Abortion. Safe + legal for all in New York City

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Abortion

Abortion Access Hub

The New York City Abortion Access Hub provides confidential support for anyone seeking abortion services. You do not need to live in New York City to contact the Abortion Access Hub. Callers can be directly connected to abortion providers in New York City. If financial assistance is needed, staff can refer you to clinical providers that can help you enroll in Medicaid and identify funds for the procedure, transportation, and lodging.

  • Phone: 1-877-NYC-AHUB (1-877-692-2482)
  • Hours: Monday through Saturday, 8 a.m. to 8 p.m.

The Hub does not collect or record any of your identifying information, and your phone number will be hidden. Translation and interpretation services are available.


Abortion is a safe, common health care service to end a pregnancy. In the U.S., one in four women will have an abortion by the age of 45. Some states have more restrictive abortion laws.

In New York, you can get an abortion for any reason up to 24 weeks of pregnancy, or later if your health is at risk or your pregnancy will not survive. If you need an abortion and are uncertain about how far along in the pregnancy you might be, you may call or visit an abortion provider to determine if you are eligible.

Other states can also provide abortion services later in a pregnancy for any reason.

If you are a teenager, you can get sexual health services, including abortion care, at a clinic without your parents' permission or knowledge.

Any person who can get pregnant — including transgender men, non-binary people and people of any gender who have a uterus — can have an abortion.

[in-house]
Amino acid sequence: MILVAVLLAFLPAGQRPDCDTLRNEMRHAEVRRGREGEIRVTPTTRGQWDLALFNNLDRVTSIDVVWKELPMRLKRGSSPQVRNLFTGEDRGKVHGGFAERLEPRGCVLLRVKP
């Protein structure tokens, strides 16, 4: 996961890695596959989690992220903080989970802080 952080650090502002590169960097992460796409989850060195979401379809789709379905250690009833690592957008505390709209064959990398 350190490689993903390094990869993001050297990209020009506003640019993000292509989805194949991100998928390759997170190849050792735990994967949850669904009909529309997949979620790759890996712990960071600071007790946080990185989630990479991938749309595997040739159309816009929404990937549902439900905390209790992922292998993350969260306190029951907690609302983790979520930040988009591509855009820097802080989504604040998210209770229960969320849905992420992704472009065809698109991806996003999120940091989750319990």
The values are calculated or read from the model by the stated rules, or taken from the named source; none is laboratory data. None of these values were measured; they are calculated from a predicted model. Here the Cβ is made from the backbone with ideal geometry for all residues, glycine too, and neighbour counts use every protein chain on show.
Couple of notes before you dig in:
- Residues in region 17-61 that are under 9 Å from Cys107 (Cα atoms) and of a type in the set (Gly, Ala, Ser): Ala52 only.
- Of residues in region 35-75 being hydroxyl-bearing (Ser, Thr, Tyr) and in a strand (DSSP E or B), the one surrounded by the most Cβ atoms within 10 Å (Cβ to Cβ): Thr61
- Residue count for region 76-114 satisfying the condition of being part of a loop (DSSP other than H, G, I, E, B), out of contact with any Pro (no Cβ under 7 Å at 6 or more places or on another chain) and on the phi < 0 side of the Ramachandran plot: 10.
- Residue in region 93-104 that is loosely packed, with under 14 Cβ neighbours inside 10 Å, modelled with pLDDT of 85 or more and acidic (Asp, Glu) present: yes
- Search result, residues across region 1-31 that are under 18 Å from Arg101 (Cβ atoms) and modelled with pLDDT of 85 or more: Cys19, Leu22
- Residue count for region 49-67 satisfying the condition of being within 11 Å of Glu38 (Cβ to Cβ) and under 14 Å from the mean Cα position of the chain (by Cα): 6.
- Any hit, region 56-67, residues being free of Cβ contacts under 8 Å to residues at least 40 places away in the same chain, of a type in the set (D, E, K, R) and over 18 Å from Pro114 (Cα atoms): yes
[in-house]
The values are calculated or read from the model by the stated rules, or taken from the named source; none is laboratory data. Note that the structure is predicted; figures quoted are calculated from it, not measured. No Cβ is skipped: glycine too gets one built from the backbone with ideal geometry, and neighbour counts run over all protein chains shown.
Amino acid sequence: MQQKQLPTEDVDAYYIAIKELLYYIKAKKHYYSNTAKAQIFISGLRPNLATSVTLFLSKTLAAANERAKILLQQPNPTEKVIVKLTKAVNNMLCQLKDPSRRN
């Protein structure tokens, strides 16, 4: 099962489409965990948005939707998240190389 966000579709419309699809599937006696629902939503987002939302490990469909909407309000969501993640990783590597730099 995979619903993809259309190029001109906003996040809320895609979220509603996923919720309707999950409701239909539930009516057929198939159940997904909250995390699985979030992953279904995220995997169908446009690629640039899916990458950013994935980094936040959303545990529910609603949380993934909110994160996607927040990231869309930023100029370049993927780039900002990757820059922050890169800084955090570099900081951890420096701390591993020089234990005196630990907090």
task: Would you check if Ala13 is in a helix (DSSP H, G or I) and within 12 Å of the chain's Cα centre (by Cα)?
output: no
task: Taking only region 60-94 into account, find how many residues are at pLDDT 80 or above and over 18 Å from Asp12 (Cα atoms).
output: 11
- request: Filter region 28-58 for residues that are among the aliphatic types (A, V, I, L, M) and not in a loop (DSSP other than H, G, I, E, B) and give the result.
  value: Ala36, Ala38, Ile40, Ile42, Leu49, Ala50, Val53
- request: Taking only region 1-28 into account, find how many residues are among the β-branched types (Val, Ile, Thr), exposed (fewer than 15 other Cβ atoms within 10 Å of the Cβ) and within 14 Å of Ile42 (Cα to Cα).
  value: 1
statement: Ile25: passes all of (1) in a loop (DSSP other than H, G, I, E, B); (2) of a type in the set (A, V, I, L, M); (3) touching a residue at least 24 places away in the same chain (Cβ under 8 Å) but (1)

The decision to have an abortion is a personal one. No one should pressure you to have or not have an abortion.


Find a Provider

You can get an abortion at many health centers in New York City.

To find abortion providers:

If you are looking for abortion services after 24 weeks, visit the Later Abortion Initiative.


Avoid Fake Clinics

There are anti-abortion facilities — sometimes called crisis pregnancy centers or pregnancy resource centers — that try to stop people from getting abortions.

Fake clinics that try to stop people from getting abortions will often show up in results of online searches for "abortion clinic" or "abortion pill". Use the resources on this page to avoid those places and find an abortion provider who respects your right to seek abortion services.

These fake clinics often:

  • Imitate health clinics by using names, banners and signs that are similar to real clinics.
  • Are located near health clinics that provide abortions.
  • Are funded by organizations that are opposed to abortion.
  • Provide false information about abortion to pregnant people.
  • Try to mislead people about how many weeks they have been pregnant.
  • Claim to offer free counseling, pregnancy tests and ultrasounds.

Fake clinics may offer low-cost resources, such as pregnancy tests, ultrasounds or baby clothes, but they do not provide abortions. Also, they rarely offer any other medical care. Since they are not licensed health care providers, these facilities are not required by law to keep your personal information private.

New York City law requires these facilities to post a sign in English and Spanish that states they do not have a medical provider on site and do not provide abortion care. If you encounter a fake clinic without this sign posted in English and Spanish, you can file a complaint online or by calling 311.

Learn more about fake clinics in NYC:


Payment and Support Resources

Health insurance, including Medicaid, may cover the cost of an abortion. If you are pregnant, you may have special health insurance options. Contact your health insurer to find out what your plan covers.